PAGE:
17 October 2017

5G, IoT and patents licensing: a connected future?

With the dawn of the Internet of Things (IoT) and 5G networks on the horizon, the world is fast becoming more connected than ever.

Smart devices like the Alexa can be found in households everywhere and it will not be long before ‘smart’ technology becomes fully integrated into everyone’s daily lives.

In order for the IoT and 5G to properly reach their potential, standardisation needs to occur. A ‘smart’ device can’t very well be labelled as ‘smart’ if it cannot connect to anything other than other products created by the same manufacturer.

Who owns your ‘smart’ home?

As these standards are developed, hundreds, if not thousands, of patents will form an essential part of their operation. As we move from phones connected to fridges to fully-integrated smart homes, the potential problem of licensing these patents will become more significant.

Any patent that covers technology which is essential to a standard – such as 5G – is called a standard-essential patent (SEP). Businesses that own SEPs are required to licence these on fair, reasonable and non-discriminatory (FRAND) terms.

There is, of course, in any new technology, uncertainty around who owns those SEPs and in the case of the IoT and 5G, further uncertainty about the value of these patents and the cost of implementing them as part of the interconnected IoT.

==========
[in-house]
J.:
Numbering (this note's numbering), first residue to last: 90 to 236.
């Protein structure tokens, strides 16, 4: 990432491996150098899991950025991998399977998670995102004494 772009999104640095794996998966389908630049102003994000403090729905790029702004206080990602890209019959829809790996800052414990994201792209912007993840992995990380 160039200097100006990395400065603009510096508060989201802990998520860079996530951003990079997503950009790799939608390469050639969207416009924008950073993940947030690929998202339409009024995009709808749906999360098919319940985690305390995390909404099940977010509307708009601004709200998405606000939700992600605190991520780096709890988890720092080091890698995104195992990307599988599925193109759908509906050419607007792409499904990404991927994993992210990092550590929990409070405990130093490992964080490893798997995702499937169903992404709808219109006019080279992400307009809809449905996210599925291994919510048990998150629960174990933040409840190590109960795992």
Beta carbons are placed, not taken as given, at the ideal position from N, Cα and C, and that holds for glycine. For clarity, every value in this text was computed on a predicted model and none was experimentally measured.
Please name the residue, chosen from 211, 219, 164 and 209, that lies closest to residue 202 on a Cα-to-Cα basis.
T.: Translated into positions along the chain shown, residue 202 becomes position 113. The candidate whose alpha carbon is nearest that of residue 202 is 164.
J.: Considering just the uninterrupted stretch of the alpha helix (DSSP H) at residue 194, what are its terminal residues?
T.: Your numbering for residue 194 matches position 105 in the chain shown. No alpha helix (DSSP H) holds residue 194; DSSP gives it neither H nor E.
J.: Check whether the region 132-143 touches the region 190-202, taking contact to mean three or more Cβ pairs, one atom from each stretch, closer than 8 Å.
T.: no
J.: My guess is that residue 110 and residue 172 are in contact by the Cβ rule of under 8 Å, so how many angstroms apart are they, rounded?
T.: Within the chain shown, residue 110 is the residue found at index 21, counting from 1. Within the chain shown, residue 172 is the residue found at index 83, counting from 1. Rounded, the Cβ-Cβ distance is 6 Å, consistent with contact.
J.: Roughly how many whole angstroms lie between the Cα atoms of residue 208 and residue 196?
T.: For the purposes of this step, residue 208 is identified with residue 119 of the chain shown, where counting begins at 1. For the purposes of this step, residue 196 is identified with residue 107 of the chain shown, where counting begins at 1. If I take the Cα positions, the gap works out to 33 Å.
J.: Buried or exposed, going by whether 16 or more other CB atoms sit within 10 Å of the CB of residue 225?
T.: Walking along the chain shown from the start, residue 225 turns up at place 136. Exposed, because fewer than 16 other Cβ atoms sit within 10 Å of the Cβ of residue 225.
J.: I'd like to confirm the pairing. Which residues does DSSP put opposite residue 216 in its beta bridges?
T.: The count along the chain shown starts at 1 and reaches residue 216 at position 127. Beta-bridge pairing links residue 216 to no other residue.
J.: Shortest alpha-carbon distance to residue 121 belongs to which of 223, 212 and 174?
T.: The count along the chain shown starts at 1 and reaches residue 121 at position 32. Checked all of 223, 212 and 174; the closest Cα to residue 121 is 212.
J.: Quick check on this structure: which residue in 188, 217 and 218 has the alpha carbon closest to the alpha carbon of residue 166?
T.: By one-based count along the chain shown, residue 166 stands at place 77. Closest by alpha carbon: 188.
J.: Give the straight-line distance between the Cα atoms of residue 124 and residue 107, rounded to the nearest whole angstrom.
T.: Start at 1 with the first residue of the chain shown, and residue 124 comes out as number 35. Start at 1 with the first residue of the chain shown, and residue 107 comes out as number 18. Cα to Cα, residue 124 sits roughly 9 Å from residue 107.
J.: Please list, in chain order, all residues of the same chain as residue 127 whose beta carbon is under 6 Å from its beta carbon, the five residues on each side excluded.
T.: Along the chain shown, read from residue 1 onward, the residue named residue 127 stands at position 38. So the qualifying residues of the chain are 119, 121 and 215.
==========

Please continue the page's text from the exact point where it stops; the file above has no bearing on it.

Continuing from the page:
The European Telecommunications Standards Institute (ETSI) believes that due to the large amounts of new technology required as part of creating a 5G network, the value of SEPs will need to be kept at a level consistent with the investment put into the new technologies or other mechanisms will be required.

Licensing my talking toaster

The patent licence landscape in the IoT is still like the Wild West at this stage, with no consensus as to how exactly things will play out with regards to patent licensing and SEPs. One way of looking at licensing of patents in this area is using scale.

At one level, there are smart devices for consumer use such as smart toasters and thermostats. For IoT patents to have any value in this sector, there will probably need to be new mechanisms such as patent licensing pools to process and manage the vast numbers of transactions that would otherwise overwhelm the individual patent owner.

At the other end of the spectrum is implementation of the IoT in industry supply chains, where the products or unit worth is much higher and traditional patent licensing mechanisms will probably still prevail.

At this stage, we do not know exactly in what direction patent licensing will go in the brave new world of the IoT and 5G. What we do know is that protecting you and your business as early as possible by ensuring that you understand what intellectual property you hold will always be the first step towards commercialising your inventions.

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About the Author
Mike Griffin, Paralegal
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